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Scuttle, Scuttle, Little Roach

Christopher Morley 1890 (Haverford) – 1957

SCUTTLE, scuttle, little roach—
  How you run when I approach:
  Up above the pantry shelf,
  Hastening to secrete yourself.

  Most adventurous of vermin,
  How I wish I could determine
  How you spend your hours of ease,
  Perhaps reclining on the cheese.

  Cook has gone, and all is dark—
  Then the kitchen is your park:
  In the garbage heap that she leaves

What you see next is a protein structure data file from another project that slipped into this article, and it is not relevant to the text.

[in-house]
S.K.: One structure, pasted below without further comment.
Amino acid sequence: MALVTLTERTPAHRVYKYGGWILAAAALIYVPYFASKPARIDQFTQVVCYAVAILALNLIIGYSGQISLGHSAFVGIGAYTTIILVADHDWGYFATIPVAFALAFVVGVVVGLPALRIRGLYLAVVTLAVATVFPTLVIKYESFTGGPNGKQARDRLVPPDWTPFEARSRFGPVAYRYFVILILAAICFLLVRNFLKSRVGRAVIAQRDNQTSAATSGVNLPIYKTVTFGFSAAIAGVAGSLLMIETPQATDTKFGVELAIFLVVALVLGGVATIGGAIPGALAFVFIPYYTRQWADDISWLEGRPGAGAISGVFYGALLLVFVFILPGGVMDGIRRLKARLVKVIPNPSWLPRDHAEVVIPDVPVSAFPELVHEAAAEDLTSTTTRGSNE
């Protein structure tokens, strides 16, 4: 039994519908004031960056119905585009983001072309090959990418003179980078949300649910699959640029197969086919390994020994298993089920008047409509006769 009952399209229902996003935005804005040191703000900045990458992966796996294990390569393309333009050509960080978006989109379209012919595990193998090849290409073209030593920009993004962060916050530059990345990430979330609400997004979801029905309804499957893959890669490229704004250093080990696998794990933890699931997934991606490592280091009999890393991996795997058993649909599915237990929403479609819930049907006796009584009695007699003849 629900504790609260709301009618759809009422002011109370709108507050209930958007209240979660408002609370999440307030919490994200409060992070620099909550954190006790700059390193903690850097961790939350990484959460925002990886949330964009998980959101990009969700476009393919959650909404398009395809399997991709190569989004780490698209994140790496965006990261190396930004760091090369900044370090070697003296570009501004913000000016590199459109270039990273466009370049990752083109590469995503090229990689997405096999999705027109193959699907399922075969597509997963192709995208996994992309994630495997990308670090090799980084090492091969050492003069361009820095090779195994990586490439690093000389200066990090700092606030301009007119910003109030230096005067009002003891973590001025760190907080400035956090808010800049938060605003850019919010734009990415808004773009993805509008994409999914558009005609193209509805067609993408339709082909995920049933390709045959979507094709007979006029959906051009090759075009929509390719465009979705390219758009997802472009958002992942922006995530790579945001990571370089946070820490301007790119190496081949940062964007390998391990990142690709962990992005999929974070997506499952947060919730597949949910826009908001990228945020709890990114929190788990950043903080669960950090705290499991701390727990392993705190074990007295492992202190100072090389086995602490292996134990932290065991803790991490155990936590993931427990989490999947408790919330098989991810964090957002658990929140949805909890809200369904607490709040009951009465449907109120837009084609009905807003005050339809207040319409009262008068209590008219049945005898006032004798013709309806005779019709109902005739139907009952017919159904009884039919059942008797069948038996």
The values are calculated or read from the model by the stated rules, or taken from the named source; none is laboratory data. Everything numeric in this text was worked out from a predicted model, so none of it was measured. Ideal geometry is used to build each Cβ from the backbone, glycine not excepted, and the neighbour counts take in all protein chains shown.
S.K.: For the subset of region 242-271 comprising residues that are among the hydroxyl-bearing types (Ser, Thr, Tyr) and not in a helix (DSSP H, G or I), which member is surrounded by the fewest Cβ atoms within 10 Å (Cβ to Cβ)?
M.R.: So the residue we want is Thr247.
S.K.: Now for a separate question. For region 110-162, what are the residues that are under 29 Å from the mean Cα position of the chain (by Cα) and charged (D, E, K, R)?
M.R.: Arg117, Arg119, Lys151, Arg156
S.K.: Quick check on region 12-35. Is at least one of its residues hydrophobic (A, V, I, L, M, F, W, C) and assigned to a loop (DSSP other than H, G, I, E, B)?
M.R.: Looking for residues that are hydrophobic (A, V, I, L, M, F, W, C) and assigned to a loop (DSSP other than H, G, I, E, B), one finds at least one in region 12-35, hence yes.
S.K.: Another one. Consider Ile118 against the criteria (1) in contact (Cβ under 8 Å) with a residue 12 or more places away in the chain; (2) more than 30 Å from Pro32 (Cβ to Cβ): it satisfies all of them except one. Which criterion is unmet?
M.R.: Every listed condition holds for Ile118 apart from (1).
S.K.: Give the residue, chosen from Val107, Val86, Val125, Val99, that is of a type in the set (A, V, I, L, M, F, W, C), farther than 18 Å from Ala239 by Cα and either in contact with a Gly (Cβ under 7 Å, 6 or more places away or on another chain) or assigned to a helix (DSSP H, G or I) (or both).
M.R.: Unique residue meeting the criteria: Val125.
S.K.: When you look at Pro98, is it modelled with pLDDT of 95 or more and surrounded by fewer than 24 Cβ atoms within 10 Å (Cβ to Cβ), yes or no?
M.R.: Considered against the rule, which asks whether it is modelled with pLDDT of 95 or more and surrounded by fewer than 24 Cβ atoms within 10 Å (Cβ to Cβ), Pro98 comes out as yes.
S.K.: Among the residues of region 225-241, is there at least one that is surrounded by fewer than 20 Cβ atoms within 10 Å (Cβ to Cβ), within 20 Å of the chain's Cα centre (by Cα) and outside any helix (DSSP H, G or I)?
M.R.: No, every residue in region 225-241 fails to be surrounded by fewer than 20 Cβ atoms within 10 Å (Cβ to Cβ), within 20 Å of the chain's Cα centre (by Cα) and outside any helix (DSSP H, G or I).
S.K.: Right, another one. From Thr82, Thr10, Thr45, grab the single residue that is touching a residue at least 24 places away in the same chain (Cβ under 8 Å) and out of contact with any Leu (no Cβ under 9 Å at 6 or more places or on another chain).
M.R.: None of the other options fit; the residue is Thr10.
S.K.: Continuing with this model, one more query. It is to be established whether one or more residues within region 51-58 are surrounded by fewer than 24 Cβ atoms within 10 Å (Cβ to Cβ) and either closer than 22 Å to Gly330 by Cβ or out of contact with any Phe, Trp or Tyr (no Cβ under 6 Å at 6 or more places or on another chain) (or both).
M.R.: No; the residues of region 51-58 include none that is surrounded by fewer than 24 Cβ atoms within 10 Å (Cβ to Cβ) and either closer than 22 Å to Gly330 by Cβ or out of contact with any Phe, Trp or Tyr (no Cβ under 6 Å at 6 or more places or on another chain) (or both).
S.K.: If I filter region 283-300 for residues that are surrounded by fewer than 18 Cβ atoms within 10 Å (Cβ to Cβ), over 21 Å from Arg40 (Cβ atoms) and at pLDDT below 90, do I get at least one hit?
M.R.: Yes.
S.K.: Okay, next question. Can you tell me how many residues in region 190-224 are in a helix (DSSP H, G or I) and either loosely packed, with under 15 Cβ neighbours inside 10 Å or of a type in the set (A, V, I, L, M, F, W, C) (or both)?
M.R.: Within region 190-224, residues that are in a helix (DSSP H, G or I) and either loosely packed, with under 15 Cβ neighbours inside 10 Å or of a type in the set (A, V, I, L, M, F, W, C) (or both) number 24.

Do you browse among the tea leaves?

  How delightful to suspect
  All the places you have trekked:
  Does your long antenna whisk its
  Gentle tip across the biscuits?

  Do you linger, little soul,
  Drowsing in our sugar bowl?
  Or, abandonment most utter,
  Shake a shimmy on the butter?

  Do you chant your simple tunes
  Swimming in the baby's prunes?
  Then, when dawn comes, do you slink
  Homeward to the kitchen sink?

  Timid roach, why be so shy?
  We are brothers, thou and I.
  In the midnight, like yourself,
  I explore the pantry shelf!

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Submitted on May 13, 2011

47 sec read

Christopher Morley

Christopher Morley was accepted to UCLA in 1969 with a major in mathematics. more…

All Christopher Morley poems | Christopher Morley Books

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